The tranquilizing effects of xylazine also make a fentanyl overdose much more likely. Opioid overdoses are the result of extreme depression in respiratory function, leading to unconsciousness and, ultimately, suffocation. The tranquilizer has its own depressing effects, which, when combined with an opioid, are much more likely to prove lethal. Naloxone, the drug used to reverse an opioid overdose, may not have any effect on xylazine, which operates on different mechanisms in the brain. This means it’s harder to bring someone back from an opioid overdose if there’s also tranq in their system.

There are also reports of xylazine leaving users prone to severe skin conditions, such as rashes, abscesses, and necrosis. These conditions make room for infection and disease to take hold and spread more easily. 

Where is it found?

According to drug researcher Jacob Friedman, xylazine seems to be spreading in the same areas that fentanyl originally spread, but not as quickly. Right now, xylazine is most common in Philadelphia, where it is present in over 25% of fentanyl-related overdose deaths. It is also spreading along the East Coast, especially Connecticut and Maryland. It has also been found spreading to the Midwest, with an increasing presence in Illinois.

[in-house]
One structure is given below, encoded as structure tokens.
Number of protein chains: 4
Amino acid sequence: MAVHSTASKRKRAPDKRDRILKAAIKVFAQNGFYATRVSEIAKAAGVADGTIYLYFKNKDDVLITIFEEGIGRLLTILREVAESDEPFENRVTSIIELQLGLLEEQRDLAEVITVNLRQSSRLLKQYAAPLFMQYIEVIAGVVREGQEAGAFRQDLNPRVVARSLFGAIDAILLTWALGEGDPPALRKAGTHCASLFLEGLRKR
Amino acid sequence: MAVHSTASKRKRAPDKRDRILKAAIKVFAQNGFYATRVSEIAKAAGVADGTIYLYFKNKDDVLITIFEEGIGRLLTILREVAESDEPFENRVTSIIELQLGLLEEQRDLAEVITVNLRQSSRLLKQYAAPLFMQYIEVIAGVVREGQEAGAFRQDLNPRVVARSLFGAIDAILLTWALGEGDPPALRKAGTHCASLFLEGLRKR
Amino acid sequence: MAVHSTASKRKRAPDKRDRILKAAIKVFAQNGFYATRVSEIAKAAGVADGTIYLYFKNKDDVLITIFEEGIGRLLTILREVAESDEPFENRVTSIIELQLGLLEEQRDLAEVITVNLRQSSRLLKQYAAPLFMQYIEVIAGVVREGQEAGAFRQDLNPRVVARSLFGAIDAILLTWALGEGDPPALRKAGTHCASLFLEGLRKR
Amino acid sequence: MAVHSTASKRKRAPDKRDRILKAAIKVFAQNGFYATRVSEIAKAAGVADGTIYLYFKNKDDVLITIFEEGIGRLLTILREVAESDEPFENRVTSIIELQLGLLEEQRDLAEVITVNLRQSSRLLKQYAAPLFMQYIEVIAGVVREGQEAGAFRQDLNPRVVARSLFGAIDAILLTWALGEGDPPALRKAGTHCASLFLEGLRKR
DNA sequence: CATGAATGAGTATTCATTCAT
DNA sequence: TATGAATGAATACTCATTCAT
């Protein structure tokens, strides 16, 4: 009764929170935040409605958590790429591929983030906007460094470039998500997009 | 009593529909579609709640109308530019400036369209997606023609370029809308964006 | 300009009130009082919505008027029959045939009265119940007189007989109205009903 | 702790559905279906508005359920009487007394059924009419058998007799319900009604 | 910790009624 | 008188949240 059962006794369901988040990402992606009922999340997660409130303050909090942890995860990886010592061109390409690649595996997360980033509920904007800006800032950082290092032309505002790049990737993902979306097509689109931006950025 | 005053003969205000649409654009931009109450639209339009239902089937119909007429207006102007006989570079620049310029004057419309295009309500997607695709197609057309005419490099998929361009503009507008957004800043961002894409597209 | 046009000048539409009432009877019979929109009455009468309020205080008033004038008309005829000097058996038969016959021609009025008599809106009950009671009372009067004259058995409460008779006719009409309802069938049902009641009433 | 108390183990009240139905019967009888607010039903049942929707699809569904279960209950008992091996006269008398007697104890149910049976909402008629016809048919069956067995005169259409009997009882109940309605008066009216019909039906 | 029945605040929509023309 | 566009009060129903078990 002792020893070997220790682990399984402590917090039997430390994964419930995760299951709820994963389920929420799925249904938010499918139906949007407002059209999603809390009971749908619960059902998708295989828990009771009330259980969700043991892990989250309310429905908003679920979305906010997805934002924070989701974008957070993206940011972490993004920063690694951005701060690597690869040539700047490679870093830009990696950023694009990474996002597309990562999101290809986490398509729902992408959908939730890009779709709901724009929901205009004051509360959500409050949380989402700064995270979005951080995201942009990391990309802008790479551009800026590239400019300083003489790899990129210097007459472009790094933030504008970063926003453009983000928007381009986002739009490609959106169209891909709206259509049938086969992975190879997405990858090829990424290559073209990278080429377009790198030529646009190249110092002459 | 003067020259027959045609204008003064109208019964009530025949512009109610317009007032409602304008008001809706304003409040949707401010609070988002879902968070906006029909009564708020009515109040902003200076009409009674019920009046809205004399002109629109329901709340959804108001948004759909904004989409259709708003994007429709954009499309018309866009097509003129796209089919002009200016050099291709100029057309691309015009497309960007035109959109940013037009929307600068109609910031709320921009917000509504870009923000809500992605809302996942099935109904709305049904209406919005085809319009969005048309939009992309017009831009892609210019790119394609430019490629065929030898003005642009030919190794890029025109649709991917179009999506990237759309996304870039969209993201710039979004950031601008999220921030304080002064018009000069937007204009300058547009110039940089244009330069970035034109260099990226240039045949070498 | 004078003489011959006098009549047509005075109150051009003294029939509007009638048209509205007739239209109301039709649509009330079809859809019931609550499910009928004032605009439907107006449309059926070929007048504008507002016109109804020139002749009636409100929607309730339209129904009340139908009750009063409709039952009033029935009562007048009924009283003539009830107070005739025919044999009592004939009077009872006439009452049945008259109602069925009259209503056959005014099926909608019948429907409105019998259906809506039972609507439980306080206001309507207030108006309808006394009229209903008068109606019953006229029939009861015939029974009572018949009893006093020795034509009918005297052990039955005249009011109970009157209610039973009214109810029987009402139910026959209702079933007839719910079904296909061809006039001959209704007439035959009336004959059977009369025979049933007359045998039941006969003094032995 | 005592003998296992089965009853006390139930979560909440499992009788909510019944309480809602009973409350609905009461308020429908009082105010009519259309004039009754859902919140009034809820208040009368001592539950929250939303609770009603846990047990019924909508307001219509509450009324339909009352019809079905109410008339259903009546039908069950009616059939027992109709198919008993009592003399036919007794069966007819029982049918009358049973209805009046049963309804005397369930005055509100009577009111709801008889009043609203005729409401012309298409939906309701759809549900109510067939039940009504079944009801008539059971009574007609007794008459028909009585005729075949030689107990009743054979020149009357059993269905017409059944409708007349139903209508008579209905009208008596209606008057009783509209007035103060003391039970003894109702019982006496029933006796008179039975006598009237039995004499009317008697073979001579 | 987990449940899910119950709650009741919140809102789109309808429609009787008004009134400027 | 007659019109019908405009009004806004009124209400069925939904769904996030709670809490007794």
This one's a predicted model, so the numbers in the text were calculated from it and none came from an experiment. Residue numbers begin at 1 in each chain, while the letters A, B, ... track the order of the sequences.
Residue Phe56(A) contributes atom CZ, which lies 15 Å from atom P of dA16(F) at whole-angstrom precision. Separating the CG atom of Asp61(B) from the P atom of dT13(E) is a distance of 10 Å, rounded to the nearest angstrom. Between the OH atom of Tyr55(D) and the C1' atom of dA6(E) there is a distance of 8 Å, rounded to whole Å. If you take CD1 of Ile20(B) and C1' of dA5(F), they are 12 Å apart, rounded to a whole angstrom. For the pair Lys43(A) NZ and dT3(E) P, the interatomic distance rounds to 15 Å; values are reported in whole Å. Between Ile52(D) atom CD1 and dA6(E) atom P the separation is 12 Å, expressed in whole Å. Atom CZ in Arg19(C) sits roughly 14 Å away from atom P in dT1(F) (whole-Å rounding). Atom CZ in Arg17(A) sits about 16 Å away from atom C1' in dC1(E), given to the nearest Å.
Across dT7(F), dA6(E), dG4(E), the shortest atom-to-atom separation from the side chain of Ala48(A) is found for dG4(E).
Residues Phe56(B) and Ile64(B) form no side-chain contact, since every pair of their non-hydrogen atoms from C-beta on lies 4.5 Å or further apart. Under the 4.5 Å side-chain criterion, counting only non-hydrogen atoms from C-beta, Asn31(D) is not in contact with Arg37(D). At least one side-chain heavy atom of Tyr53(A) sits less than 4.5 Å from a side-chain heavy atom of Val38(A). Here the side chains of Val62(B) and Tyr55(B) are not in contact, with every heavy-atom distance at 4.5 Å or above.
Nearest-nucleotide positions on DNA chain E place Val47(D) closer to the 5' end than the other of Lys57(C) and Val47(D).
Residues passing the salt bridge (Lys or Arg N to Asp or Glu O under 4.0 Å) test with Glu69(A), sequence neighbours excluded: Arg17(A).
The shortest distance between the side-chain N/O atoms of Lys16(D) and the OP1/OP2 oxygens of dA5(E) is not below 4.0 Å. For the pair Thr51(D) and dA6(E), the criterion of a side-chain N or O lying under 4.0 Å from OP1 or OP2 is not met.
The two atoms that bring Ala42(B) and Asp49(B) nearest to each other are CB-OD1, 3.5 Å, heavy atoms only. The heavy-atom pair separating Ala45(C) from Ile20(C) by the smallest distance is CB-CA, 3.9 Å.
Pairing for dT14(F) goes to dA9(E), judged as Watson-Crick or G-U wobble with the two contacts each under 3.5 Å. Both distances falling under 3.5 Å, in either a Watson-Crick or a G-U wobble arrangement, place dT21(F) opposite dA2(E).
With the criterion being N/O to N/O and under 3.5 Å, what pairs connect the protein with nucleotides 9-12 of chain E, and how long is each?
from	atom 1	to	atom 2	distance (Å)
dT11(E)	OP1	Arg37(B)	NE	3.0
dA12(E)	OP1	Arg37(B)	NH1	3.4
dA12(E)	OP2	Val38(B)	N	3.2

How to reduce the danger

For the foreseeable future, finding ways to decrease the danger of xylazine use will be just as important as working to stop its spread. Experts in drug use and harm reduction are pushing for more funding for on-the-spot drug testing locations as well as safe use sites. If those using recreational drugs are able to test their drugs and learn the composition of the substances, they are better able to make informed decisions. This will lead to fewer accidental overdoses caused by the presence of unknown substances in a drug. 

Safe use sites also offer opioid users access to clean needles and safe facilities where they can receive medical attention if they need it. This can help decrease the number of deadly overdoses in the short term while also helping stop the spread of disease.

Opioid users with reliable access to medical care may also want to seek out medication-assisted treatment (MAT), which can be used to manage cravings and prevent overdoses, giving individuals the opportunity to then address the social and psychological sources of addiction.